And according to the Defense Science Board, the State Department needs to play a much larger role in nation-building. The DSB also criticizes the Pentagon's efforts to date, in Iraq and elsewhere. From today's Boston Globe (sorry for the length of the excerpt, but it's great to be reading a very good paper on a daily basis):
'The Department of State will need substantially more resources, both people and funds, to fulfill its proper role in stabilization and reconstruction operations," the report states, saying that State Department diplomats can help rebuild civic institutions and win over local populations in ways the military cannot.The report implicitly critizes the Bush administration for failing to develop adequate advance plans for the mission in post-war Iraq. It also says the US should have had a LOT more troops in Iraq: 20 occupation troops for every 1000 people. In Iraq, that would have meant 500,000 troops rather than 150,000.
It also says nation-building efforts depend upon a ''stronger partnership and working relationship" between Defense and State, which have had a rocky interaction while headed by Rumsfeld and Secretary of State Colin L. Powell.
The study, prepared under the aegis of scores of military and foreign policy specialists, concludes that US forces remain ill-prepared to take on nation-building efforts despite the fact that such missions -- both large and small -- have been undertaken at least once every 18 to 24 months since the end of the Cold War. Each of the six missions, according to the report, was ''more ambitious than the last."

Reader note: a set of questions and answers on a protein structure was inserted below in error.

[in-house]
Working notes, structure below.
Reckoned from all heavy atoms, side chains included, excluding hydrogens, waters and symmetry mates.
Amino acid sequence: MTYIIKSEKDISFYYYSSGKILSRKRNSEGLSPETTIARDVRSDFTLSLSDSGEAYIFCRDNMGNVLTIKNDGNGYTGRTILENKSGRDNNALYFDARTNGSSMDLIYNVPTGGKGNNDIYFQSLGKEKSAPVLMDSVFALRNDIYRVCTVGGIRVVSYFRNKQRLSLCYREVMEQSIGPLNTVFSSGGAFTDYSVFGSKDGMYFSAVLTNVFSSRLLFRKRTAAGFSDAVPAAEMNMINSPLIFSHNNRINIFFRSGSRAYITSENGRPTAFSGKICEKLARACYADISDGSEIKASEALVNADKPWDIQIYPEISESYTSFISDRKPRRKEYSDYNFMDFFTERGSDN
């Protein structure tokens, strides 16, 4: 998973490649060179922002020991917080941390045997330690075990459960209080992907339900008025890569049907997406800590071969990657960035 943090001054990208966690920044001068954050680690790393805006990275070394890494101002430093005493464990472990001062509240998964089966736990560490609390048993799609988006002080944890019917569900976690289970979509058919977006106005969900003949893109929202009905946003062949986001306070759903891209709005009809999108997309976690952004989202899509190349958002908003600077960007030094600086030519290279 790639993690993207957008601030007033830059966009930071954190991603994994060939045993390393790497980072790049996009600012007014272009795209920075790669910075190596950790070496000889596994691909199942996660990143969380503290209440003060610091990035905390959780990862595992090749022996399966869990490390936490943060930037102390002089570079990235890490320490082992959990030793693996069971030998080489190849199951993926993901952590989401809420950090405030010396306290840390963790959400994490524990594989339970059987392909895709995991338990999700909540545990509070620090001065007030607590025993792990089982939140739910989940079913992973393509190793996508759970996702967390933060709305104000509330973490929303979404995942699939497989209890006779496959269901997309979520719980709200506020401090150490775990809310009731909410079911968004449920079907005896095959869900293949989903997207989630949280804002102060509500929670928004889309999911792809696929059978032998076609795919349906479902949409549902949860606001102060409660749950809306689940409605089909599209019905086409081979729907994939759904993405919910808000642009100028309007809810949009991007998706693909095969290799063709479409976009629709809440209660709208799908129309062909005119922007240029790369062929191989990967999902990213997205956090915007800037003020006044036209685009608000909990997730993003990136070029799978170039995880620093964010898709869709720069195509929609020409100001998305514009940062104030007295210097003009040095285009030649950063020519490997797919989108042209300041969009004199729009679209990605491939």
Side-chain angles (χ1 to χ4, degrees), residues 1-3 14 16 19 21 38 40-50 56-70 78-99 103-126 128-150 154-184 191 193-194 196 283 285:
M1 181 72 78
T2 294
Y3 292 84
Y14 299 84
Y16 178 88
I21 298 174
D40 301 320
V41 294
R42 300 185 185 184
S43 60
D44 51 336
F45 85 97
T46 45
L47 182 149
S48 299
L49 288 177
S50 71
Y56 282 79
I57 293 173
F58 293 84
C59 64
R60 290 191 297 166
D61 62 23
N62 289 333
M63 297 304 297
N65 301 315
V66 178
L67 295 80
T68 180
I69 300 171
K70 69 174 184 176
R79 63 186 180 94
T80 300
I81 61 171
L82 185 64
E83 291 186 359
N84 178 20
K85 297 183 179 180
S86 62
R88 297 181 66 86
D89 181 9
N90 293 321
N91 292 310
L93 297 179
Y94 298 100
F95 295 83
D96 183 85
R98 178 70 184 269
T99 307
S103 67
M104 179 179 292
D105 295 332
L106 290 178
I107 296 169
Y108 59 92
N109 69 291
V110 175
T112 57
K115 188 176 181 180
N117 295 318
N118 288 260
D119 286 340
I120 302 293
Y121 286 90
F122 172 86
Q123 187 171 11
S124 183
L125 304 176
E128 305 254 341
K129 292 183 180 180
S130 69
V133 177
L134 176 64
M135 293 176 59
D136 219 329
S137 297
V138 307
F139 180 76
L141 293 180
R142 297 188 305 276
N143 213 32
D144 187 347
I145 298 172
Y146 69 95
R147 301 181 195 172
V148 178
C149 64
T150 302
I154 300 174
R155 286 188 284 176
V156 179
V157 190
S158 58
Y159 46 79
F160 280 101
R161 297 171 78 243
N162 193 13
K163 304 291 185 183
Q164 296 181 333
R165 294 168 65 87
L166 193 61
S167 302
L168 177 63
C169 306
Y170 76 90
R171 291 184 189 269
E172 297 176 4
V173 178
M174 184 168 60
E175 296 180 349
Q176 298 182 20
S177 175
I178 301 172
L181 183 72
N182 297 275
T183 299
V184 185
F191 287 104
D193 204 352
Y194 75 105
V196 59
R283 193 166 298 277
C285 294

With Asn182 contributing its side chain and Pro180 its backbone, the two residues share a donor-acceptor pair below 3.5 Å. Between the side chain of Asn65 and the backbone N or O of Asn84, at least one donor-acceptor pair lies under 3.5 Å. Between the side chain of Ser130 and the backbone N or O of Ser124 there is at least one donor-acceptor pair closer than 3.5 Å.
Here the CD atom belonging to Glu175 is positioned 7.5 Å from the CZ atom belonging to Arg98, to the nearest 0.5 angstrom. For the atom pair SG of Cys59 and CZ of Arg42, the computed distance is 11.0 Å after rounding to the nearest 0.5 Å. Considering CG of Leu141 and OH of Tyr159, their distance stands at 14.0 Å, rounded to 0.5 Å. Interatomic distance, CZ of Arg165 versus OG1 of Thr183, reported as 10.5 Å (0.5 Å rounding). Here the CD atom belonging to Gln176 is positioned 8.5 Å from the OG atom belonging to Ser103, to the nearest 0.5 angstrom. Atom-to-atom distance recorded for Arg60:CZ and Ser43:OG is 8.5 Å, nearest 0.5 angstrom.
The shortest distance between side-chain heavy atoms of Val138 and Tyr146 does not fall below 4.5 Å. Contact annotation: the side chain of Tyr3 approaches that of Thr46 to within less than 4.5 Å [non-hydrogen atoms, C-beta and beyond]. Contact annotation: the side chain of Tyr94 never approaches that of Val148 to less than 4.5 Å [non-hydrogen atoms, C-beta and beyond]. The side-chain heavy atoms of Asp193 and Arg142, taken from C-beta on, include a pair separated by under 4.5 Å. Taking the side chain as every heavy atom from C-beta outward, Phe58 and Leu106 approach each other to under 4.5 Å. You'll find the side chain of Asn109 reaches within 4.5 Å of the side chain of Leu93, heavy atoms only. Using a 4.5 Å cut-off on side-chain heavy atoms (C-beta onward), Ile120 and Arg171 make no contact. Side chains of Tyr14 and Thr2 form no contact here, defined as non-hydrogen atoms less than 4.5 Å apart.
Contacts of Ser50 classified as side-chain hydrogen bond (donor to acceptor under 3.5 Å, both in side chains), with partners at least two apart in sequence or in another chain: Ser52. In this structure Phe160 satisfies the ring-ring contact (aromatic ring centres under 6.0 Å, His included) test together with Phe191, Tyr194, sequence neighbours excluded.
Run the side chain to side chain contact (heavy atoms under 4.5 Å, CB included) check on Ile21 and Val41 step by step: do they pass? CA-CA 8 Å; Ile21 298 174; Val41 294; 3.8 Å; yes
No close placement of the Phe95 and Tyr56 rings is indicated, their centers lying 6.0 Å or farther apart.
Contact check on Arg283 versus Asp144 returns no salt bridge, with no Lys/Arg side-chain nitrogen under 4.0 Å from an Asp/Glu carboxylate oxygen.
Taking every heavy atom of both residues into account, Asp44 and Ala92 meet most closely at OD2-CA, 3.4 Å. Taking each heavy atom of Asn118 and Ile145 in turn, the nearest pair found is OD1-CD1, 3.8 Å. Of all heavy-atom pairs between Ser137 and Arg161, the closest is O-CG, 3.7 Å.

Instead of treating postwar rebuilding as a key tenet of defense planning, the Defense Department does not regard it as a core mission, according to the 170-page report.
The Defense Department ''has not yet embraced stabilization and reconstruction operations as an explicit mission with same seriousness as combat operations," according to the study. ''This mind-set must be changed."
...The US government ''needs a strong and adequately resourced Department of State to lead nonmilitary aspects of stabilization and reconstruction and partner with the Defense Department to plan and execute these operations," the report says. This ''will require extraordinarily close working relationships to successfully accomplish these crucial tasks -- relationships that do not currently exist."
The report urges passage of the so-called Lugar-Biden bill, sponsored by Republican Senator Richard Lugar of Indiana and Democratic Senator Joseph Biden of Delaware, the chairman and ranking member of the Foreign Relations Committee. The bill calls for establishing a new office in the State Department to coordinate nation-building efforts, a civilian Readiness Response Corps, and a $100 million contingency fund to provide a quicker response in the aftermath of future conflicts.
In the future, DSB says that the Pentagon will have to train soldiers as much for nation-building as for combat.